Catchment Based Approach’s Chalk Stream Restoration Strategy 2021 - Question for Short Debate

Part of the debate – in the House of Lords at 8:06 pm on 3rd November 2021.

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Photo of Lord Addington Lord Addington Liberal Democrat 8:06 pm, 3rd November 2021

My Lords, I put my name down for this debate primarily because of a little shot of nostalgia coming past; the first major Bill I did in this House was the privatisation of water all those many years ago. Many people will say, “You should have learned your lesson by now.” That is when I heard things about phosphorus run-off, ground water pollution, and the fact we had a crumbling Victorian infrastructure for our sewerage system and how it was all going to be saved and stopped by privatisation. There is a ring of that coming through. I could go on and follow my noble friend in the details he has put forward, but I would get some of them wrong and he has covered it better than I would.

I would like the Minister, if he can, to engage in another aspect of waterways, chalk streams and fresh water in general: the fact that they are part of our recreational infrastructure or at least have that potential. We have nodded at that potential over the last year or so, particularly during the passage of the Agriculture Act, when we studied the use of land, access to land, farmers using it and the maintenance of it. We carried on with that in the Environment Bill, however it is a “granny and egg” situation if I start talking about that to the Minister.

If we are going to make sure we get the best out of the steps the Government are taking, we have to have some form of coherent plan as to how we make sure we get the best out of our natural environment. If we are talking about encouraging that thing which is of great health benefit to us, the activity that most of us can carry on doing almost to our dying day—going for a walk—rivers and the environment around them are a great encourager of that.

I could make reference to where I live in the village of Lambourn in the Lambourn valley where my noble friend in a previous incarnation had a considerable interest, it being part of his constituency. I would make anecdotes about the River Lambourn, the ultimate chalk spring-fed river that was sometimes there and sometimes not—a playground for children, horses and dogs, in my opinion.

All of these things encourage people to go out and enjoy the countryside. If you have a sterile environment and the river becomes just a muddy puddle, nobody is going to want to use it. People are not going to walk beside it, they cannot fish in it, and let us not even talk about canoeists and rowers. I do not think chalk streams are the best environment for them, generally speaking. Also, let us face it, if you talk about canoeists and anglers together, one has visions of people turning up with seconds at dawn on Hampstead Heath with loaded pistols; they do not generally play well together. But they should; they should be co-ordinated. The Government should bring these people together to work together to monitor the water we have. We have just come through an experience where people have discovered open water swimming. You cannot do that in a river that is dangerous and does not have life in it. You can turn it into some sort of slightly unpleasant swimming pool, but it will not have the same effect.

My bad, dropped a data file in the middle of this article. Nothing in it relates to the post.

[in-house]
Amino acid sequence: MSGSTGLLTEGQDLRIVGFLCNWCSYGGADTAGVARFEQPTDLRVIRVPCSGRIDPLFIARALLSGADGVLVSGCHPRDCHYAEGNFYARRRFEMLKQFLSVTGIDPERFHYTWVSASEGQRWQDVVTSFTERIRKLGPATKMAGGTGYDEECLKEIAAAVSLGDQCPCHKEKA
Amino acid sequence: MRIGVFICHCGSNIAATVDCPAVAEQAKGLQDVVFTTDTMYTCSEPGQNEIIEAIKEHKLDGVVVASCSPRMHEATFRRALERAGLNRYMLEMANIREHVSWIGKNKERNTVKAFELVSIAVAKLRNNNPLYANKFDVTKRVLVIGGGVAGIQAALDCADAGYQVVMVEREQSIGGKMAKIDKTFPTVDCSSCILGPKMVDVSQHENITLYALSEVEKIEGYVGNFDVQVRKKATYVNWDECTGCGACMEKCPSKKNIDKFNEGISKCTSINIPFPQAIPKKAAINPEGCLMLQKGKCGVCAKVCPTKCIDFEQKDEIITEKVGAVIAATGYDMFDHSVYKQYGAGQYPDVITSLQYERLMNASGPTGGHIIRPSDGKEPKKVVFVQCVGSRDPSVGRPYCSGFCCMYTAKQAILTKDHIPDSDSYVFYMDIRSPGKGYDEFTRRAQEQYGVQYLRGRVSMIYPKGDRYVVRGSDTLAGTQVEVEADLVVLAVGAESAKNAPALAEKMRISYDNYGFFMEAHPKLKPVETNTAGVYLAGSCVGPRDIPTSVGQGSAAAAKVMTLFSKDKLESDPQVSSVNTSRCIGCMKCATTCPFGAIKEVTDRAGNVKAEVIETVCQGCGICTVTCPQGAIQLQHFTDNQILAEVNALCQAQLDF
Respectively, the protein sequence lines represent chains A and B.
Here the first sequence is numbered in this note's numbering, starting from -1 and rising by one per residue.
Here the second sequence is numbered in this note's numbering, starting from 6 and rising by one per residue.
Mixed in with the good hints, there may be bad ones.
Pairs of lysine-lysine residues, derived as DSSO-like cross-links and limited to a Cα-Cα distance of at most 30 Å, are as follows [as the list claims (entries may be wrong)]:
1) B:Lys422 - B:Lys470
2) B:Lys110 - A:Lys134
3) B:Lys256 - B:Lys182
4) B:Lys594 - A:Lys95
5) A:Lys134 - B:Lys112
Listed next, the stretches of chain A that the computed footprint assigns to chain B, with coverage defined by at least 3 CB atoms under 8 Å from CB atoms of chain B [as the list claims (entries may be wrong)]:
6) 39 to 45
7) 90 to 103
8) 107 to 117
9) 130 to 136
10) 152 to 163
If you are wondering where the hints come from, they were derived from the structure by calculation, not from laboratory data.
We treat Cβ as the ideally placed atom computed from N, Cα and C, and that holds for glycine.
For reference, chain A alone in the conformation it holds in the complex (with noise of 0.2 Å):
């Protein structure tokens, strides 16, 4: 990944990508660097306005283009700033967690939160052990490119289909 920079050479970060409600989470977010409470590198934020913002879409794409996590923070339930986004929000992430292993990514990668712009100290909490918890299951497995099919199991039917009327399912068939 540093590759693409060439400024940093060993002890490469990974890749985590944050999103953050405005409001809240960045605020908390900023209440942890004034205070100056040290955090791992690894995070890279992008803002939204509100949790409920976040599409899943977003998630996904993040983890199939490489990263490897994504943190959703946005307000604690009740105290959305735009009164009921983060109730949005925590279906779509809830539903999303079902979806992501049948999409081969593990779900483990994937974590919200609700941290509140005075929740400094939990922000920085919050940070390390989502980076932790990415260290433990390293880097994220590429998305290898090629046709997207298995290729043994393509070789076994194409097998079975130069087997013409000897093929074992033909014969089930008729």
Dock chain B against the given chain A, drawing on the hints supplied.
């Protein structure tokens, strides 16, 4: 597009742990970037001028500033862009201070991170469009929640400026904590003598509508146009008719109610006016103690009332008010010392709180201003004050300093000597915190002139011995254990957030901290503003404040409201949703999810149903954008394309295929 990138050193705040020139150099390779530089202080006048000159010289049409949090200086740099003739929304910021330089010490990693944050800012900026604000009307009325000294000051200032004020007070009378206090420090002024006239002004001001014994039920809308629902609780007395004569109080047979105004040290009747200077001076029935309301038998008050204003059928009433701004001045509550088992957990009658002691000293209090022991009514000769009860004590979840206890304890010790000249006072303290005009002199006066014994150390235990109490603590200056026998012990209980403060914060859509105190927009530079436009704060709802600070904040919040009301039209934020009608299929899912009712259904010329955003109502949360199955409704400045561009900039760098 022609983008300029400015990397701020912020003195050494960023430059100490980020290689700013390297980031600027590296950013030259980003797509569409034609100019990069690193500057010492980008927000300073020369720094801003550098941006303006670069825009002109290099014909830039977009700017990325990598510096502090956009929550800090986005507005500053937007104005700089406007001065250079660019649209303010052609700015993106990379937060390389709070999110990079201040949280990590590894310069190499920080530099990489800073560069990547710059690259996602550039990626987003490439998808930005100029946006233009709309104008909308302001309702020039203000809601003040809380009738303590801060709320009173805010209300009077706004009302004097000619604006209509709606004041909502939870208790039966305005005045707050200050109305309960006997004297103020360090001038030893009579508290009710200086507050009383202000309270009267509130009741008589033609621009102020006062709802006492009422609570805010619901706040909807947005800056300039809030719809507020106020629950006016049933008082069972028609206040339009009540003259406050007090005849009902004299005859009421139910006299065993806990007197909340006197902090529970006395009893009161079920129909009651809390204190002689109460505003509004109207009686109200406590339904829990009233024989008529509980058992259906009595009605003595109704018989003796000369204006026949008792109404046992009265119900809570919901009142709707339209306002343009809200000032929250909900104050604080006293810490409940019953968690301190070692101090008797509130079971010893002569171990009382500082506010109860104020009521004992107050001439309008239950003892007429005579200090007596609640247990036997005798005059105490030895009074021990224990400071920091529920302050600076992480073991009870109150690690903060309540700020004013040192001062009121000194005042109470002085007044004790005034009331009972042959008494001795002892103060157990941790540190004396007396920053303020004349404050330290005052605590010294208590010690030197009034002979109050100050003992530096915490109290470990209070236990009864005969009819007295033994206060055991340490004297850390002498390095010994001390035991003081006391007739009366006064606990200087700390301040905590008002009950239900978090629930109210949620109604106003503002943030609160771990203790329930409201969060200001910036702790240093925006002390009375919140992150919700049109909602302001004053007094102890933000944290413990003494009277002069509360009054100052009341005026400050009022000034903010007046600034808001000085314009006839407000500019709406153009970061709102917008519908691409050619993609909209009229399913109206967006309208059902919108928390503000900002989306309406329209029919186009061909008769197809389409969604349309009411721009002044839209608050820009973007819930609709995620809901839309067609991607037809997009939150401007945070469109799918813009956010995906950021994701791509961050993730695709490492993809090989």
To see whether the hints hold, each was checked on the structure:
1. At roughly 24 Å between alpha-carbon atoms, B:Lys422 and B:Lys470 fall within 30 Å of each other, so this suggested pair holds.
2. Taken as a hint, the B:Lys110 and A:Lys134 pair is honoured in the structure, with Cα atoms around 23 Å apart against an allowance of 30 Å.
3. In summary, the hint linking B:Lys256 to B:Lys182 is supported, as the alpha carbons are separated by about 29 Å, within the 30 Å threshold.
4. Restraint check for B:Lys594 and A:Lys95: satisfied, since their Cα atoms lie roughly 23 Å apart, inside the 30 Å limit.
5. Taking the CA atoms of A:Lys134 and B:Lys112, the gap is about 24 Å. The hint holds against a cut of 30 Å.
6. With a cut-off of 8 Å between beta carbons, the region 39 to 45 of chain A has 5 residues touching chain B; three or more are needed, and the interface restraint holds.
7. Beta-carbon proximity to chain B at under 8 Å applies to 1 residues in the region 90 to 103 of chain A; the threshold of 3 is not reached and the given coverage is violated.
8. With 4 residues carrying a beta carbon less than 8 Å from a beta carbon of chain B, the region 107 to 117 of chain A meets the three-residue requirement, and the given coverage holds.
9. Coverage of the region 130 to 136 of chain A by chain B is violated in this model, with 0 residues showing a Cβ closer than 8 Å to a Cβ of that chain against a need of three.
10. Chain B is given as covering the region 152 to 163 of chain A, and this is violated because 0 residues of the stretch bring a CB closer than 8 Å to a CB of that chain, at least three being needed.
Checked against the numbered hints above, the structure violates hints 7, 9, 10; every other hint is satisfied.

The countryside and the rivers in it are a great way of encouraging people to take on the sort of outdoor activity that is of great benefit to so much of the rest of government—not the Minister’s department directly, but the Department of Health and the Department for Education. Do the Government have a coherent plan, or at least some structure, by which they will get these bits of government to talk to each other and work together to get the best out of this? Getting people to talk together in government is always a challenge, because you can punch a hole through a Chinese wall and find another one has been built three yards down the road.

Do the Government have some idea of how they are going to co-ordinate the actions they have taken in bits of legislation recently to make rivers, as part of the countryside, accessible and pleasant? People, generally speaking, do not take exercise in unpleasant environments. Let us face it, very few people go for a casual walk around an industrial estate. If we can get the environment right, with some way of monitoring it to make it somewhere you would go that is engaging, we will encourage this. It helps tourism, the hospitality industry and everything else. Can the Government give us some idea of what their thinking is? Without it, we will have small initiatives going off left, right and centre, not interacting, not getting the benefits and lacking the necessary support and structure.

I hope the Minister will give us at least some idea that some of this is happening, and of who will be leading this. Is the Department of Health giving some suggestions about activity, or is Defra doing something to lead into it? Is the Department for Education coming through, or even the poor little sports section of DCMS, which is now effectively the department for the media? Will they co-ordinate and how will they go through? It will take that sort of pressure and constant observation to get the best out of any strategy, and that is something to which we should all be paying some attention.